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Sen. Bill Nelson Talks About Verizon, ISIS

Quincy Walters

Florida Democratic Senator Bill Nelson spoke to reporters Friday about a variety of topics following the ribbon-cutting of the Florida Center for Cyber Security - among them: Verizon and the terrorist group ISIS. 

Nelson sent letters to the Federal Communications Commission and the Federal Trade Commission calling for the investigation of Verizon.

The request comes in response to allegations that the cellphone provider is using technology called "supercookies" to record and share customers' information with third party advertising companies - without customers' knowledge or consent.

"(Supercookies are tracking) where you go, and what do you buy, and what items do you go on the Internet to see," he said. "All very personally sensitive information that we certainly wouldn't want some third party to know about and we certainly wouldn't want them to use it for commercial exploitation."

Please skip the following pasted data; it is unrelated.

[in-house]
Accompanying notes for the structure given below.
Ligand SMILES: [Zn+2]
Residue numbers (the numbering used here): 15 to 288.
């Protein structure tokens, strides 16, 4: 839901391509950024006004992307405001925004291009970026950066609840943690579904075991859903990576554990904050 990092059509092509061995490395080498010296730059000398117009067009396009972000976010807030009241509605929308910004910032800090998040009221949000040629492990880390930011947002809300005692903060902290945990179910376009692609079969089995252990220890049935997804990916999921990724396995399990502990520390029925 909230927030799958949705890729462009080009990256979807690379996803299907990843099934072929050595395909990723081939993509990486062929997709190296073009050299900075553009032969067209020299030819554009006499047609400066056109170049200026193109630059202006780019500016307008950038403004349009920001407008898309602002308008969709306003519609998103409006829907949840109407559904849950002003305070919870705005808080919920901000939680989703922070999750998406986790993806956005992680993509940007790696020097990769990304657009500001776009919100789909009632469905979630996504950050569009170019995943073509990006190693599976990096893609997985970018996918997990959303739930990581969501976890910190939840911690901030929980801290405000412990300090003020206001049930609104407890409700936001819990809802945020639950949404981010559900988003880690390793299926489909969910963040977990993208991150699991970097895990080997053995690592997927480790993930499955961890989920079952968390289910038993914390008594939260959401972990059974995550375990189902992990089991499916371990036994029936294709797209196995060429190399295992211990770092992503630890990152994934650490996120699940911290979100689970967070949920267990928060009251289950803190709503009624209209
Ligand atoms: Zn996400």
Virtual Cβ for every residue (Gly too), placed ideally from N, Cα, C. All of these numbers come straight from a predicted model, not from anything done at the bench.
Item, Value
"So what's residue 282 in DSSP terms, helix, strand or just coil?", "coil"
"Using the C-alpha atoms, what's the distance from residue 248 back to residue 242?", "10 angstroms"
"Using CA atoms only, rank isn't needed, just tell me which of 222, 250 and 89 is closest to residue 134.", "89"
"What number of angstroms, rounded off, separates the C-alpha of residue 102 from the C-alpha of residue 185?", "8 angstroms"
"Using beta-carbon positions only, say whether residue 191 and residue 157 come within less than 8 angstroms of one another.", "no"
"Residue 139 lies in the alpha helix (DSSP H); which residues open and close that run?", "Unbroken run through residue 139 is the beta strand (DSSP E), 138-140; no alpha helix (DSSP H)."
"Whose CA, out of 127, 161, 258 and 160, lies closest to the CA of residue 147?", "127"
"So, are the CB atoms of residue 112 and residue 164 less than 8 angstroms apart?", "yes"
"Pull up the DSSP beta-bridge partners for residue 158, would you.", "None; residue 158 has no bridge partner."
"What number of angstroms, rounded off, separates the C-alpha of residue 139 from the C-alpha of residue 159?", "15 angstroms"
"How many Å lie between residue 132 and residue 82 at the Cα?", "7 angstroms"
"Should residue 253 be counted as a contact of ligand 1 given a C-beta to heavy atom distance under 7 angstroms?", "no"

The senator also talked about the threat of ISIS. Following the immolation death of a Jordanian pilot, Nelson said Congress should authorize a declaration of war against the militant group. 

President Obama has used his executive power with airstrikes, Nelson said, but further efforts will need the full support of Congress

"We're going to be in a long-term war against ISIS until we can stamp out this threat and you see how brutal the threat is," he said. "So what we need is the Congress giving the full weight of legislative authority to the president to conduct that war."

Nelson said the video showing the Jordanian pilot burning to death was "offensive" and "galvanized the entire Arab and Muslim world"--meaning that if the U.S. declared war, Jordan wouldn't be its only Middle Eastern ally.

Quincy J. Walters is a junior at USF, majoring in English with a concentration in creative writing. His interest in journalism spurred from the desire to convey compelling narratives. He has written for USF’s student paper, The Oracle and is currently the videographer for Creative Pinellas. If he’s not listening to NPR, he’s probably listening to Randy Newman.
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